By Neil Chue Hong and Tim Parkinson.
You've written some software as part of your research, and you would like others to be able to use it. You've made sure your code is ready for release so there's only one thing left to do: choose a licence.
Why write this guide?
There are so many useful resources on the web when it comes to open-source licensing that it can be confusing. This guide highlights the best resources that provide clear information about choosing a licence for software.
Although the following information might appear overwhelming, it's important to make a choice (even if it is to choose a commercial, closed-source licence). If you don't have a licence for your software, it is effectively unusable by the whole research community, and those potential collaborators will turn to someone else's software.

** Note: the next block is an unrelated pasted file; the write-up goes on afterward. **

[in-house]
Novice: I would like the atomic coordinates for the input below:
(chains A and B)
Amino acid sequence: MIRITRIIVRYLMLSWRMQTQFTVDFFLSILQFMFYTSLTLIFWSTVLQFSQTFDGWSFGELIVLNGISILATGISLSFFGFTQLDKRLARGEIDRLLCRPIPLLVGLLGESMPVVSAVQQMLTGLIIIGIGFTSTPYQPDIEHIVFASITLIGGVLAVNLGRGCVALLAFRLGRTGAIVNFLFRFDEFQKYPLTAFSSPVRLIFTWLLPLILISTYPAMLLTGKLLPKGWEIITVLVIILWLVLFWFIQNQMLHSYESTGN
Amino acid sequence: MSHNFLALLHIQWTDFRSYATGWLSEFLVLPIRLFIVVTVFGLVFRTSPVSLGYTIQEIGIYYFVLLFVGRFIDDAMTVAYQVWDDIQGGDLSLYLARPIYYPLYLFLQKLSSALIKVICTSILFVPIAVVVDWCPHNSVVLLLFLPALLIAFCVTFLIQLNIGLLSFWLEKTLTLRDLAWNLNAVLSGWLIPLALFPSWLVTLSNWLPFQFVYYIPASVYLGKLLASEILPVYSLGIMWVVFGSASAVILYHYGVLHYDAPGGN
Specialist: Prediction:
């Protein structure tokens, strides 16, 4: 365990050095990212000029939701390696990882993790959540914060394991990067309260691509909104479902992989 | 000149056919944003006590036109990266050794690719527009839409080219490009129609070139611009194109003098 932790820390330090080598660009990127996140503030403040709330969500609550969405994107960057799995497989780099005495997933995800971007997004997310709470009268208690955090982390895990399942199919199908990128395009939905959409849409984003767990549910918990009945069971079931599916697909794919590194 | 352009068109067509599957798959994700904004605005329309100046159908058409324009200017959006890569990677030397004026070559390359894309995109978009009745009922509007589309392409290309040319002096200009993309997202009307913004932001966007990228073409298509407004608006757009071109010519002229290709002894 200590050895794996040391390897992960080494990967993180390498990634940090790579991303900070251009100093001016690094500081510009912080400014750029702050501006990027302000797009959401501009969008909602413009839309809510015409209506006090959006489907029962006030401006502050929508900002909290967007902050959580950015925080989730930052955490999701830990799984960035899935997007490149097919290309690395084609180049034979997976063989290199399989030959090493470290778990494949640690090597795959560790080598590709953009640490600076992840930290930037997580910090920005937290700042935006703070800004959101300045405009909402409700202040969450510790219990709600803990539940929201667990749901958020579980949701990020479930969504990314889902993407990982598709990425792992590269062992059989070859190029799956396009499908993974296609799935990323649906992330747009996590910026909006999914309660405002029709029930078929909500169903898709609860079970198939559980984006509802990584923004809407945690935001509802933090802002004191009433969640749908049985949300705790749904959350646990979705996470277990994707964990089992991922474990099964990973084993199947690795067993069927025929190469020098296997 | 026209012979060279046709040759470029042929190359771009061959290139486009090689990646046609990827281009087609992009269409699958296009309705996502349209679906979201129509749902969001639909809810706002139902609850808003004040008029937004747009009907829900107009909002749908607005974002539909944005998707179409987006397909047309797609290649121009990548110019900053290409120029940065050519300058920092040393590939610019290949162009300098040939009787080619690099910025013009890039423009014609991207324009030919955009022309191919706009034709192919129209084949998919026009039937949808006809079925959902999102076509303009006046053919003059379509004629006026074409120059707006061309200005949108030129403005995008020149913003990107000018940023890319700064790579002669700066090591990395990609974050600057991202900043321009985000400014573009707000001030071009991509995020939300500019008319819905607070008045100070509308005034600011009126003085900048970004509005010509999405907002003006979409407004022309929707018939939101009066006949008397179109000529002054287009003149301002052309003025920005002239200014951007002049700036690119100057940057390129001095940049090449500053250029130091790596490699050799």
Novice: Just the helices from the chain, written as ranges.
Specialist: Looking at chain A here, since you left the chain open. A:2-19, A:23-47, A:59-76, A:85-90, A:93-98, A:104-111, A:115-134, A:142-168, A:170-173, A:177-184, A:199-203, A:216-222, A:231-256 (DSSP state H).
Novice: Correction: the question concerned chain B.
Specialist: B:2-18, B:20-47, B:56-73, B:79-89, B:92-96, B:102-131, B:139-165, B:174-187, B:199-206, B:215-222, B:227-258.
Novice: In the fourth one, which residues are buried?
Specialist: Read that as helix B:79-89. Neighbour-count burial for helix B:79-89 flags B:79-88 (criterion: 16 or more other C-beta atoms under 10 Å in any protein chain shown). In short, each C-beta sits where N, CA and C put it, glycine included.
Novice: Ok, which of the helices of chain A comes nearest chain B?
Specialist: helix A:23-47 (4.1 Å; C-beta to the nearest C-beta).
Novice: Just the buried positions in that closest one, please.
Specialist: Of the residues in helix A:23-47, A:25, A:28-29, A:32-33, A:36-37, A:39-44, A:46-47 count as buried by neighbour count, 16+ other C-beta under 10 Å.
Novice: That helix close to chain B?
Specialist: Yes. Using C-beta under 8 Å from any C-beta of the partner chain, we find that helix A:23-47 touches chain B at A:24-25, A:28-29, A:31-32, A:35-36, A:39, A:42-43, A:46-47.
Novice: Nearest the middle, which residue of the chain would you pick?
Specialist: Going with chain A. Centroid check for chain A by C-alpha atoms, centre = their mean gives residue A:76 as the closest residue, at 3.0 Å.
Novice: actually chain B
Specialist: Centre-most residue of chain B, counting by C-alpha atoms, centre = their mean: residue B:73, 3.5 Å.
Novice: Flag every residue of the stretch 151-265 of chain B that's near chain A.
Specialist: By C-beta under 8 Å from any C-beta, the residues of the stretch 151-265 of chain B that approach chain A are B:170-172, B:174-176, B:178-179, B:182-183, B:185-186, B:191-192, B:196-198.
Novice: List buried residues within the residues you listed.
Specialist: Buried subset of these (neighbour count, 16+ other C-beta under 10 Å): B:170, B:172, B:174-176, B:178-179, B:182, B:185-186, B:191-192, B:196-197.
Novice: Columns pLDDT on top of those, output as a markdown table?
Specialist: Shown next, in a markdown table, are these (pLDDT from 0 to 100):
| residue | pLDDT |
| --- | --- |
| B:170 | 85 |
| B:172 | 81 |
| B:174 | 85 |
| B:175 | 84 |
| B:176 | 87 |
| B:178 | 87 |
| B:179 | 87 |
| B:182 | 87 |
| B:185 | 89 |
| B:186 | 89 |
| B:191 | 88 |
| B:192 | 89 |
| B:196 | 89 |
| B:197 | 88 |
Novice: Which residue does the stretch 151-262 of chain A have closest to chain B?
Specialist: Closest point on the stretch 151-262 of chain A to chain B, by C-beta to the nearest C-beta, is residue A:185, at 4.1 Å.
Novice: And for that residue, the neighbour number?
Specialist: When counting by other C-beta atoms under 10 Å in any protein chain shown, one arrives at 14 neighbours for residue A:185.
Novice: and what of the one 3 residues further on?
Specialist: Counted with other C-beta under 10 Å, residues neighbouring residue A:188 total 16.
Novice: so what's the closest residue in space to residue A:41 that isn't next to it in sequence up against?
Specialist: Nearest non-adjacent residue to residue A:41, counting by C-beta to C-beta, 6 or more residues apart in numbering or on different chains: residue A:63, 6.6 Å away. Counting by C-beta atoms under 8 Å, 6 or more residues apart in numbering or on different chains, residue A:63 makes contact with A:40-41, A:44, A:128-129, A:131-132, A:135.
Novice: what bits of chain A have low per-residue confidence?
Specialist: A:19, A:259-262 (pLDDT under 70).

The detail may well be overwhelming, but your choice will normally come down to one of a few popular licences. To provide more specific advice, we will look at providing a guide with more detailed guidance for researchers working in the UK.
This guide is intended to highlight resources which may be useful to those developing research software. It was not produced by lawyers, and is not legal advice. The Software Sustainability Institute is not responsible for the content referenced in this guide.
Why is an open-source licence useful?
As a researcher, you want to encourage collaboration. The software you've written might be useful to other researchers, but if others use your software you deserve credit and recognition for your software, which will help further your research career and reputation.
An open-source licence is a set of conditions that grants the users of your software (your potential collaborators!) certain rights to use, copy, modify, and possibly redistribute the source code or content of the software. It also asserts your authorship.